Ready set go: Crown Land Management Act commences
Local councils are responsible for managing over 7,000 Crown reserves across NSW.
On 1 July 2018 how local councils manage these reserves is set to change with the commencement of the Crown Land Management Act 2016.
With the legislation being five years in the making, this is a significant moment of reform for the local government sector.
Recapping to date
This is the latest in a series of articles about the new Act. Our earlier articles include:
/ An overview of the Act and changes in store for local councils (January 2017)
/ Land negotiation program for Crown land (September 2017)
/ How local councils should prepare for the changes including preparing new plans of management for Crown reserves (January 2018)
In this article we explain the next steps for councils in complying with the provisions in the new legislation.
Next steps for councils
Local councils should be well under way in preparing for the start of the Crown Land Management Act 2016. This includes reviewing the guidance material issued by the Office of Local Government as well as the interim schedule of Crown reserves released by the Department of Industry at the end of May for each local government area.
Local councils should also be starting to consider the classification of the land (remembering that the default position is that Crown reserves will be classified as community) as well as the initial category of the land having regard to the guidelines issued by the Office of Local Government.
Classification and categorisation process
Once the Act commences, local councils will need to confirm the classification of the Crown reserves in their local government areas and seek the consent of the Minister where the land is to be classified as operational. This process will be managed through a new online spatial portal (known as the Crown Land Manager Reserves portal). Importantly, any request must be made in the approved form and be sufficiently justified having regard to the statutory criteria (s 3.22(5) of the Act).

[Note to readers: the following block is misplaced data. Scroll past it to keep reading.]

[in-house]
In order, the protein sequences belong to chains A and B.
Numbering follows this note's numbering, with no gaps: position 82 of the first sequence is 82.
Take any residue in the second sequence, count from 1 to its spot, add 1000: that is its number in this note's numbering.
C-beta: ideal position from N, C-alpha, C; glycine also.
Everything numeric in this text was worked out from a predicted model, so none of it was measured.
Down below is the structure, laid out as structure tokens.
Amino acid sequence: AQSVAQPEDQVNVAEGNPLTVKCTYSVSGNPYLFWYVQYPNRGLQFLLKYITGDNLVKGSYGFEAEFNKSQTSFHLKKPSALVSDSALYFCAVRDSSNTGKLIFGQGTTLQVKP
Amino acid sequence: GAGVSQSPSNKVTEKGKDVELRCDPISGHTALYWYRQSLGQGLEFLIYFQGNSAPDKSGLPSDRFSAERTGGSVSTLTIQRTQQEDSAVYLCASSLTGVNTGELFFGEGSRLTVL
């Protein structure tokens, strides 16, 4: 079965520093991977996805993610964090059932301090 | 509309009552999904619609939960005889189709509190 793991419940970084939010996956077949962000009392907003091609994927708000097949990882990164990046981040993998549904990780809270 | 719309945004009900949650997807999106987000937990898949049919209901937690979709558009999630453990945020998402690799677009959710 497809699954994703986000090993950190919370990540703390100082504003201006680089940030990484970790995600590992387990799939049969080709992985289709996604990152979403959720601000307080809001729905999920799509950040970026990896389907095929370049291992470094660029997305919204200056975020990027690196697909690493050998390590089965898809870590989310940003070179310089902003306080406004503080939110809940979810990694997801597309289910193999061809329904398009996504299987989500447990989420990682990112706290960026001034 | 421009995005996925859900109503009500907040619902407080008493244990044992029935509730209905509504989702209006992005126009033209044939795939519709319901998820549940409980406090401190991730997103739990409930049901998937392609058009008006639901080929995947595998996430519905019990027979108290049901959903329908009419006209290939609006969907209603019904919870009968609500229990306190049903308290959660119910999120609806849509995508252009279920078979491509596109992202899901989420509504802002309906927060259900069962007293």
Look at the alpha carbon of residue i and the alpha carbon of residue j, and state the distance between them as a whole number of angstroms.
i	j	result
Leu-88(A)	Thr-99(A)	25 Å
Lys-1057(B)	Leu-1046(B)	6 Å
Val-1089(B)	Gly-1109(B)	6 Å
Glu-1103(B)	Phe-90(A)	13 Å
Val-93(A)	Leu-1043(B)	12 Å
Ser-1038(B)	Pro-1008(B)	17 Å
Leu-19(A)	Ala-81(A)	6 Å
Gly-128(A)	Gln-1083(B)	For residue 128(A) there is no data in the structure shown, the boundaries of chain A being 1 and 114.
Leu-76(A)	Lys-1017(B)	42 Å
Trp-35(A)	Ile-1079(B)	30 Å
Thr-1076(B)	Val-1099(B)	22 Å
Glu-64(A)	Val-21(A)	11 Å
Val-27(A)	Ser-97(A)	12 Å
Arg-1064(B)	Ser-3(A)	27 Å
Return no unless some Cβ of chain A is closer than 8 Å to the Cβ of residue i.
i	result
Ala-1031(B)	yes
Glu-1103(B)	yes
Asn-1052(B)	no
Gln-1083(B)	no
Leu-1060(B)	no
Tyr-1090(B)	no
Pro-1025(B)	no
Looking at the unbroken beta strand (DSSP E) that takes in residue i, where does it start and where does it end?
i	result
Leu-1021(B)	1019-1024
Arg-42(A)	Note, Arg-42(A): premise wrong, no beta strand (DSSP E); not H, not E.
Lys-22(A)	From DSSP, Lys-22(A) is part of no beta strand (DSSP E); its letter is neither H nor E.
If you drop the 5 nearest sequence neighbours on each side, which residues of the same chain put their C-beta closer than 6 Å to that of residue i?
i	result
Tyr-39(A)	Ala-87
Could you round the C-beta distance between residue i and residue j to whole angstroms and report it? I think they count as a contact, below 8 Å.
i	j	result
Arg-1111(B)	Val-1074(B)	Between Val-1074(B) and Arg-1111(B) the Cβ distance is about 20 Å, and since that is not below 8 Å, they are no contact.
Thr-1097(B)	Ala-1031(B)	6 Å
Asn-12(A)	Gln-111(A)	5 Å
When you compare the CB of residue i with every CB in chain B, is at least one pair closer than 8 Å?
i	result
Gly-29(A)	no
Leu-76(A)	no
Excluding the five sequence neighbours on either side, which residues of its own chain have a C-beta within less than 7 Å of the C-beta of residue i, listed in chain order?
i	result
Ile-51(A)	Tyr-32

The next step will be to then categorise community land under the Local Government Act 1993 and notify the Minister of that land category. Again, this must be in the approved form and submitted via the portal. In assigning the category, local councils must choose one category which most closely aligns with the purpose for which the land was dedicated or reserved. The Office of Local Government has issued guidelines to assist in this process. Importantly this must occur “as soon as practicable” after commencement of the Act.
New plans of management
Once the land classification and categorisation process is complete, then councils will start to prepare the plans of management for the Crown reserves under the Local Government Act 1993. Again, the Office of Local Government will be issuing guidance material to support councils in this process.
Councils have three years (ie until 30 June 2021) to transition to the new management framework. Until then any existing plan of management for Crown land will continue with effect.
Local councils will also need to make sure the details of the Crown land are updated in its land register (maintained under section 53 of the Local Government Act 1993).
Our team includes staff who are highly experienced with the management of public land from a legal and strategy/planning perspective and can assist you with complying with the new legislation. For more information about our strategy and planning services, please contact:
For more information about the new Crown lands legislation and how this will impact on your orgainsation, please contact:
Director – Legal, Governance and Mediation
T 0421 180 881
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